Have you ever wrestled with God about these things…money, for instance? Have you ever known He was calling you to give a seemingly crazy amount? You try to remind Him of the real needs you have, which make this kind of giving impossible. All the while, knowing full well when we say yes to Jesus, and all is yielded to Him, He promises to fulfill all our needs. Knowing crazy, hilarious giving is how He supplies the needs of others. It is truly all His anyway. We just steward it to bless others. As we give obediently, in turn, we are blessed.
The feel of those nets in their hands must have brought a sense of comfort. Yes, fishing was hard work. Their success depended so often on things outside their control. Still, I can just imagine there was something about the way the nets felt in their hands. The familiar rhythm of casting. The pleasure of tugging them in, with the hope of a catch. They would return to their nets when confused, at a loss, or when facing the unknown.
What brings you comfort? That sense of ease—the known? Today, many comforts are available, from mattresses to La-Z-Boys® to cars with smooth rides, technology, and gadgets. We easily become a little obsessed with all the things available—things we need to make life more comfortable. During my flights across the Pacific, I am allowed one 50-pound bag. Believe me, it is always full and never less than 50 pounds. My bag is filled with things to make my life more comfortable.
Nothing is inherently wrong with things that make life more enjoyable or more bearable. But what if we become so focused on what makes us feel comfort that we are lulled into a sense of entitlement? “I have a right to my nets. If I can’t take them along, then I’m not so sure it is worth the trip!” The things we own or need trap us. Life just does not seem possible without them. Eventually, they own us. They enslave. In the midst of the hard, cold, and confusing things life brings, we forget—He alone brings comfort. And true freedom can only be found in following Him.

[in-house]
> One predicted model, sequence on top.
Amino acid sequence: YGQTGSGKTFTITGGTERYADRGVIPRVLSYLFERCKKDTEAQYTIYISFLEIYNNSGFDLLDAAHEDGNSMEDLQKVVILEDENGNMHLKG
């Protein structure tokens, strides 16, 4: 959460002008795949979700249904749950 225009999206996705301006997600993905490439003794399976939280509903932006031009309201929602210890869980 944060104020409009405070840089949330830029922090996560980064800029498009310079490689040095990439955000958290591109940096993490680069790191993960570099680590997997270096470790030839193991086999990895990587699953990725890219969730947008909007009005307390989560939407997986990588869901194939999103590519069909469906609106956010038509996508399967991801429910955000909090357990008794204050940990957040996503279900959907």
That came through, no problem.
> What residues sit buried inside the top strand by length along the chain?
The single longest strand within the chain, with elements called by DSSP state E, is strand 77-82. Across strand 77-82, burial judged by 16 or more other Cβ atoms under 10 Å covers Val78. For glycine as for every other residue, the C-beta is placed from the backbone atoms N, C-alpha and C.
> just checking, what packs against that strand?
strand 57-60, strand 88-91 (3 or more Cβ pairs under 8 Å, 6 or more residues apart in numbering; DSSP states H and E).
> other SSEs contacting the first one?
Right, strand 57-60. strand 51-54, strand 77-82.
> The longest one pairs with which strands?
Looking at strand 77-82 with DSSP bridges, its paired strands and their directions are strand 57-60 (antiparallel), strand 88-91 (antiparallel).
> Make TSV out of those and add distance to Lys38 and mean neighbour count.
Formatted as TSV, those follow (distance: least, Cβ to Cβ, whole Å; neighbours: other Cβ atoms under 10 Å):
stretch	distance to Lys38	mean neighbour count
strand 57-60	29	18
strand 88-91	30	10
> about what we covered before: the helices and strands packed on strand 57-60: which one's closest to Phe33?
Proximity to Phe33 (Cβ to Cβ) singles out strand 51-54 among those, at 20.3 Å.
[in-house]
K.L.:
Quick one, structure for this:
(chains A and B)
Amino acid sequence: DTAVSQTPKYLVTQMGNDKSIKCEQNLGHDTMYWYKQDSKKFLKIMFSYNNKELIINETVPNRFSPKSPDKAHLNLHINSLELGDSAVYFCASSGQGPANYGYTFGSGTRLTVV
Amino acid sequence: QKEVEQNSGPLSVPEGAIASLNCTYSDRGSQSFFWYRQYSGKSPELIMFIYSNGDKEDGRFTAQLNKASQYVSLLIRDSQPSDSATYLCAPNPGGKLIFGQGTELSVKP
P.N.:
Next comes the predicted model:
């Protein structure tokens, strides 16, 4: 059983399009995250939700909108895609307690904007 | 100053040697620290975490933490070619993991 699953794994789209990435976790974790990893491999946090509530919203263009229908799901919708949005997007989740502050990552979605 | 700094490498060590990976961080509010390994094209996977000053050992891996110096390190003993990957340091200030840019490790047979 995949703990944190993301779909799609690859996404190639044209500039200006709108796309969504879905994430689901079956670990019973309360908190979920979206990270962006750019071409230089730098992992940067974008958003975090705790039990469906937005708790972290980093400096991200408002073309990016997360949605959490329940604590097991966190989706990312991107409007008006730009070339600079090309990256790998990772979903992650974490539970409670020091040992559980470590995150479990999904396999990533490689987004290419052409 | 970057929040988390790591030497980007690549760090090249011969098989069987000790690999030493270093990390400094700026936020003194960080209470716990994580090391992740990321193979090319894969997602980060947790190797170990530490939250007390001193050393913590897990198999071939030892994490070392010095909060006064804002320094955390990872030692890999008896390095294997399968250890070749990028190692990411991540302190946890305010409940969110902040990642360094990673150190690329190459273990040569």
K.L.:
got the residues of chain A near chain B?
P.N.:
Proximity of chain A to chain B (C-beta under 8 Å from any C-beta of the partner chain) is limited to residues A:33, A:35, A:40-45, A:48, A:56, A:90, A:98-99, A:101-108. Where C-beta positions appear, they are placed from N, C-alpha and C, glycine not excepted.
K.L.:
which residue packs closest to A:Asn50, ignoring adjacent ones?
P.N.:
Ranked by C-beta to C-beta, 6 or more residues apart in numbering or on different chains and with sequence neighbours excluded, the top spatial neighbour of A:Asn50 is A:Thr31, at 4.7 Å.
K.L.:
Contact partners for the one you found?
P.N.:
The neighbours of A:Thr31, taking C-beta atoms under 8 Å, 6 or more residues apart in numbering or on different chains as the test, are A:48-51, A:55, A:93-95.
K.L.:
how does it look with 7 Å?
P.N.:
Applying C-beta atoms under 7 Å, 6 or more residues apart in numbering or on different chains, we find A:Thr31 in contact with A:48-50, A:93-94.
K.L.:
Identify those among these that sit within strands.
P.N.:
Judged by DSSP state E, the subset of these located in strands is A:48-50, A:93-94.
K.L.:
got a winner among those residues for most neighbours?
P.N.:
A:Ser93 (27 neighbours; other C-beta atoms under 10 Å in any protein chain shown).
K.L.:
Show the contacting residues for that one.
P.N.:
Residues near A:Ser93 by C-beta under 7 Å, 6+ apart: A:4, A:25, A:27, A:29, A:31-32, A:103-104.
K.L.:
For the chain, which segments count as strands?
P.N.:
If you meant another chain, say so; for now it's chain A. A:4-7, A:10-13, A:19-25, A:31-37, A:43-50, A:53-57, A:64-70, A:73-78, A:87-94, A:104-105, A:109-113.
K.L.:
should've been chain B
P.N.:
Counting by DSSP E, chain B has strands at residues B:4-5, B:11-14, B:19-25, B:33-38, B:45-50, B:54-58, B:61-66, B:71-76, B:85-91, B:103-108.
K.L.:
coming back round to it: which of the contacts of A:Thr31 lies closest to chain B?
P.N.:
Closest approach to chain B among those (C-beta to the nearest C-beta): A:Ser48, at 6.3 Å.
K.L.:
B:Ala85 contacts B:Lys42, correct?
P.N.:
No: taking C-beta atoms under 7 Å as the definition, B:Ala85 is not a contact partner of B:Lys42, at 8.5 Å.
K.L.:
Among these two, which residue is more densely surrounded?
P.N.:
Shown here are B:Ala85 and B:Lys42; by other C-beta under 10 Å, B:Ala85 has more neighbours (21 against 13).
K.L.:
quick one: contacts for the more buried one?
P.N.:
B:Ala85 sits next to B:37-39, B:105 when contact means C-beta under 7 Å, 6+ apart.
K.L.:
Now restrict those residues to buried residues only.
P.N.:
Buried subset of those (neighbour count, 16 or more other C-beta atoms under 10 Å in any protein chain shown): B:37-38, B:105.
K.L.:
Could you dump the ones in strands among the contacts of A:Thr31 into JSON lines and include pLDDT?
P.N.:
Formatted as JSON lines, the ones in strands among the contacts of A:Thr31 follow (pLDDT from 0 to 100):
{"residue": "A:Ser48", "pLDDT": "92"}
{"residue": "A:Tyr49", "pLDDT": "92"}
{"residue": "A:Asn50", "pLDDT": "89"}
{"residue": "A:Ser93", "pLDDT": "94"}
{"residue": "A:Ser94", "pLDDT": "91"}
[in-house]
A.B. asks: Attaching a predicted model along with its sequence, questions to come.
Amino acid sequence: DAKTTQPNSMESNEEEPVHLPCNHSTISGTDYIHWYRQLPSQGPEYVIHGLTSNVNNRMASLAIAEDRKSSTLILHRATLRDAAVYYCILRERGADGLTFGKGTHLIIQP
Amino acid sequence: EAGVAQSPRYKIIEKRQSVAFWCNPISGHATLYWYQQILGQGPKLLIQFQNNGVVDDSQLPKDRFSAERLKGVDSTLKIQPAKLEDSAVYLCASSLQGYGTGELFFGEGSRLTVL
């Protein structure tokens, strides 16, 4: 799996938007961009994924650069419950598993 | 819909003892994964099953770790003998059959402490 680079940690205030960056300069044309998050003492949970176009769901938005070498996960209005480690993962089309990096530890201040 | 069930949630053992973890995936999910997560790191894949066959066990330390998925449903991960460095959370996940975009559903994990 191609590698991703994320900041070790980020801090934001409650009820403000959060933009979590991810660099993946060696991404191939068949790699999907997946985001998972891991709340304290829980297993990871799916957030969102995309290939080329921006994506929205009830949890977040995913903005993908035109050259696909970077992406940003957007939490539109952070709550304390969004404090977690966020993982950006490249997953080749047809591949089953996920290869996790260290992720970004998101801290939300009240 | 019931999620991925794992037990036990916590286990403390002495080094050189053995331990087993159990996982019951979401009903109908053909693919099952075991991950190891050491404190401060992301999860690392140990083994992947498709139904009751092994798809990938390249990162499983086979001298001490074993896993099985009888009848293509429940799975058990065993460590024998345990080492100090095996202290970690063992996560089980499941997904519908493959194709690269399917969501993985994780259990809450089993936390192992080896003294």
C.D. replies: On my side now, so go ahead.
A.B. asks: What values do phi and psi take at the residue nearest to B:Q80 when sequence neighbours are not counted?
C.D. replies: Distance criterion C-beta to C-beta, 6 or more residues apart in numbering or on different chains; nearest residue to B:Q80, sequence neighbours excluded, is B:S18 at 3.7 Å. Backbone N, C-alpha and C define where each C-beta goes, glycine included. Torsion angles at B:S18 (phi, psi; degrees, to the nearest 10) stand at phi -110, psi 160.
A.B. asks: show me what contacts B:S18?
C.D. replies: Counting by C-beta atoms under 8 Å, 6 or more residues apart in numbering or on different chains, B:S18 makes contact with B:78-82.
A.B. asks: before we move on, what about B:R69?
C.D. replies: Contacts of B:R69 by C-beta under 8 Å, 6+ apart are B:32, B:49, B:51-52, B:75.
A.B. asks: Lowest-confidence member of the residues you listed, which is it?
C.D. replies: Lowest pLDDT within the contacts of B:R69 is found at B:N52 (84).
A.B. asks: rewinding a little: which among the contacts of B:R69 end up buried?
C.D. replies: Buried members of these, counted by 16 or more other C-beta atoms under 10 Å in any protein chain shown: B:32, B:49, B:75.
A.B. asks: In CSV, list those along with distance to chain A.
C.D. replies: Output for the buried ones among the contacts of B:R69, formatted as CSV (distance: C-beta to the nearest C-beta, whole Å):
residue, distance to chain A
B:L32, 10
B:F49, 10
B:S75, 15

It is not that there is anything wrong with nets. They serve a good, useful purpose. They are a source of blessing. Can something that was once a blessing cease to bless? Yes…when it gets in the way of following Jesus down the hallways of our schools, into our places of work, through the hospital, into shops and markets, as we interact with those He brings into our path.
Somehow, we have diluted what it means to follow. We have forgotten He warned us there is a cost—that following is a daily act of surrender, denying ourselves, taking up our cross. We also forget He promised He would always be with us. In the messy, hard things of life He will be present, giving irrational peace, joy in the journey, and so much more.
The invitation is given. “Come.” I bend over and pick up my nets, wrapping them around my shoulders like a shawl. It just doesn’t make sense to leave them behind.
So off I go, following Jesus down the dusty roads, through the desert, along the crowded streets. Tripping others and myself. Weighed down. Stumbling. Distracted. Exhausted. Literally wrapped in my nets and eventually, unable to continue.
He kneels beside me, gently untangling this mess of netting, assuring me I have no need for the nets. I am His, and He is faithful and true. In Him, I will find all I need. Rising, I willingly, maybe fearfully, open my hands and let go. I surrender, knowing my deepest longing is not filled by identity, security, or comfort, but by Someone—Jesus, the faithful One, who alone can fill my emptiness and satisfy my soul.
About the Writer: Sarah* lives and works for a non-profit organization in Asia. Her last name is withheld for security reasons.